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Big Box XLS200?

Discussion in 'Subwoofers' started by Roam, Feb 16, 2005.

  1. Roam

    Roam
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    I was just wondering ( ;) ) what you guys thought about BK offering a larger cabinet for the XLS200. I've gathered that the more cabinet volume a drive unit has the better it seems to perform. I've seen a comparison between the original few subs that BK offered (SDA-XLS10) that had slightly larger cabinets and it was said to sound better than the XLS200 so what if BK could be tempted to design a significantly larger cabinet option for all us XLS200 owners. It would be a simple case of us installing the amp plate and driver into the new cabinet which is easily done.

    I realise allot of people bought these subs because of their small size/footprint but a larger cabinet doesn't have to mean a large footprint as the extra volume can be incorporated upwards as is the case with the SVS cylinders. Also it would give them another sub addition to the XLS200 family.

    So what's you opinions on this good or bad?
     
  2. Dfour

    Dfour
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    Sounds like a good idea. They could also make it ported like the MS309 as well as make the box bigger. Let the peerless driver really show what it can do.
     
  3. eviljohn2

    eviljohn2
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    A bigger box would certainly be interesting, as you say, there were a couple of earlier models and some one-offs that were larger and used larger drivers/amps.

    I suppose the problem with making the cabinet larger is that the bracing will have to be significantly improved making manufacture trickier. Also remember that there's a 12" version of the Peerless driver (the XLS12) and I believe that there's an uprated version of the driver although I've not seen that in this country.

    I'm not sure if venting the cabinet would be a good plan as some more aggressive driver protection circuitry will be necessary. I have it on good authority that the XLS200 incorporates no low level EQ to boost response and no infrasonic filter to protect the driver from over excursion. As the cabinet is sealed, over excursion isn't a problem (the trapped air acts like a spring) and the speaker protection circuit in the plate prevents driving it too hard. Basically, a complete redesign of the amplifier plate would be needed to do this. The amplifier doesn't start to rolloff until ~8Hz (DC protection presumably) and I've measured a reasonably flat response down to the low teens in frequency terms. I have to admit that I've no idea what BK have up their sleeves though, they certainly have plenty of options and who would have predicted the downward firing version?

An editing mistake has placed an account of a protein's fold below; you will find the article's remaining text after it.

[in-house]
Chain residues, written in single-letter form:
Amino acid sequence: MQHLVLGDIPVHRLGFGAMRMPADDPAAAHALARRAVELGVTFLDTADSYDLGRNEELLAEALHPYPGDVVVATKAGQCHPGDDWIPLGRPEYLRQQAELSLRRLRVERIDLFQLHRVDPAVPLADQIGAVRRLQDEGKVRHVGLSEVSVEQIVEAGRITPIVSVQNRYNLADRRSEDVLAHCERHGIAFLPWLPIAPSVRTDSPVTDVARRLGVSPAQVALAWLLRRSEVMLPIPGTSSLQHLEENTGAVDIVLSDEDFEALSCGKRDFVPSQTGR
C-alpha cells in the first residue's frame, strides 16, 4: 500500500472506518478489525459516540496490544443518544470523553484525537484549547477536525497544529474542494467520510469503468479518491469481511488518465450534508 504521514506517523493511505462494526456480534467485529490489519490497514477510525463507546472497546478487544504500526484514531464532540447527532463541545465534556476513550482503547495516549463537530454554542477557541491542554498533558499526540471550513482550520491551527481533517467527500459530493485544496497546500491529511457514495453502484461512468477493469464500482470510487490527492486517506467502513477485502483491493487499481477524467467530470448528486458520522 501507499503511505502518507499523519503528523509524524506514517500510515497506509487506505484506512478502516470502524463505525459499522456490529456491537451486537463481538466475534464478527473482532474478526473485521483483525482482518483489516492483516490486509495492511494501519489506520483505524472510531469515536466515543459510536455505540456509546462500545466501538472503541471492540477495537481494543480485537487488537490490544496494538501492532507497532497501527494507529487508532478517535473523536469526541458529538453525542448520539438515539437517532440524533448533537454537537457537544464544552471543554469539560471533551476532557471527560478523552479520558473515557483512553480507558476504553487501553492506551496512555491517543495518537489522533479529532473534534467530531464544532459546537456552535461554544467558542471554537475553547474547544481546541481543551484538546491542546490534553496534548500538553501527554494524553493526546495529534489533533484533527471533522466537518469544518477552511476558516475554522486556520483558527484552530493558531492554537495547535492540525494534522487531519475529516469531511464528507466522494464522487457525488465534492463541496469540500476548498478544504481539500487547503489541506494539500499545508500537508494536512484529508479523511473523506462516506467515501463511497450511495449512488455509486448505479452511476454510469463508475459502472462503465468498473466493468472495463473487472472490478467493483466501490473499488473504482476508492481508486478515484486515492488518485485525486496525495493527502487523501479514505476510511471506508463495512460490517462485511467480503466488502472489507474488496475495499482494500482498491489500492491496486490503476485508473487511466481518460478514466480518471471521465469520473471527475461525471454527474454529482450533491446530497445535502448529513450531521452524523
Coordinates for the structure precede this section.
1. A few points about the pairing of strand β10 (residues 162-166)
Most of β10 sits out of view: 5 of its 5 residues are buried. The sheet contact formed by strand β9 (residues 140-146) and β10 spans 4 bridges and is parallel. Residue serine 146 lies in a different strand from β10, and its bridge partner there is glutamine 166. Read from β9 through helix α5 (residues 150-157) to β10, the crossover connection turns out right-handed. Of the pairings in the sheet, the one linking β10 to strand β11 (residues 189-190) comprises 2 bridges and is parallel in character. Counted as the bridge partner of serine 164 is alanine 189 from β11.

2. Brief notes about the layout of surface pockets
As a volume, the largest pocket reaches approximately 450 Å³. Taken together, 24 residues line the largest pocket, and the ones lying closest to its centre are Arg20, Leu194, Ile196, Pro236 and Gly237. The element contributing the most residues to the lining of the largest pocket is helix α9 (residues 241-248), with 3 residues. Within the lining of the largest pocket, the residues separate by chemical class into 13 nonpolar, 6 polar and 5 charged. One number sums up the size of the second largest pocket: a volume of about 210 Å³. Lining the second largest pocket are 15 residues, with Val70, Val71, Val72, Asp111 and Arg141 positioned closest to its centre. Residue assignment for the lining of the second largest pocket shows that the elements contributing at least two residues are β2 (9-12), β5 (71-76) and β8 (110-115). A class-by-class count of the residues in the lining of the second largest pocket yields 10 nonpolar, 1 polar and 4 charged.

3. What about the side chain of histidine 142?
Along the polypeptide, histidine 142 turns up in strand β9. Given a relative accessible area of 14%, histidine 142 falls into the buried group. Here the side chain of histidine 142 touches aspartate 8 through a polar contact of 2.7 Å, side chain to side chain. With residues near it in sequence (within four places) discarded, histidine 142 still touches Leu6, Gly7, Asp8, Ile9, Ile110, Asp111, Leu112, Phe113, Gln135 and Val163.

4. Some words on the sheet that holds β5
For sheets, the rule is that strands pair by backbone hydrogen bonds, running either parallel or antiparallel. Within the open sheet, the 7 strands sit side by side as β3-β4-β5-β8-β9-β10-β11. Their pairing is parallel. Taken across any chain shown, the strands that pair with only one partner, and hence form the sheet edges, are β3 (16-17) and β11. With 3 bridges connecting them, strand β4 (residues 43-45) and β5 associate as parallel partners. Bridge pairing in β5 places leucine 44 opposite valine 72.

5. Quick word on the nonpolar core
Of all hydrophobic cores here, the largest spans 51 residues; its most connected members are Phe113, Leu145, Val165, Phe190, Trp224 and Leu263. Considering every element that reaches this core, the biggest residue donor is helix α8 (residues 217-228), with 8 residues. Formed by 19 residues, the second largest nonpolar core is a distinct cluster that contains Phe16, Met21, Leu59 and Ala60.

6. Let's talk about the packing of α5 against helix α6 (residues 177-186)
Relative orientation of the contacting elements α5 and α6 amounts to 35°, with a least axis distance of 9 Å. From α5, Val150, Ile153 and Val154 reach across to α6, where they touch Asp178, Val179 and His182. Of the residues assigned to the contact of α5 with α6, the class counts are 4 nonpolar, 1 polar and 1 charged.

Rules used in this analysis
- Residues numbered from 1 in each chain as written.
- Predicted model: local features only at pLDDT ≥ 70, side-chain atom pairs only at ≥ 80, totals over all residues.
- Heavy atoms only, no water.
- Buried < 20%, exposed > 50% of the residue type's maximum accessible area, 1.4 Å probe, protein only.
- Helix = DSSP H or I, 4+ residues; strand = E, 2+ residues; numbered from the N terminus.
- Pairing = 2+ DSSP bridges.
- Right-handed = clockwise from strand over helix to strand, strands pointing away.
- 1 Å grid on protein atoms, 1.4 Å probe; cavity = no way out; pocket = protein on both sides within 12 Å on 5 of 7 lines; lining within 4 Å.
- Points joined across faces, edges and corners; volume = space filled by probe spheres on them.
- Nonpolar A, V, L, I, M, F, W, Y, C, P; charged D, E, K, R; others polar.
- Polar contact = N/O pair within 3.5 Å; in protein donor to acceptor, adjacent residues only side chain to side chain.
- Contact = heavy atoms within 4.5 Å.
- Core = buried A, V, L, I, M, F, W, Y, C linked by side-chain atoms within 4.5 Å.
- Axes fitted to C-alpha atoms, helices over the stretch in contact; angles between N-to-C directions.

Bear in mind that it was only a year or so ago when stock was extremely limited as they were originally only produced to help use up a surplus amount of the drivers!

    If you're after better performance you can't go wrong with adding a second to make a stack. Useful output now extends down to the low teens and the power on tap is phenomenal, I can feel waves of air hitting the side of me in my listening position! Basically, it improves everything that a single might be lacking in spades and (if they're stacked) retains the same small footprint. :)
     
  4. Docta teef

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    A bigger cab,driver and amp would prob all be great but i would think to make it a ported sub would make it a different beast altogether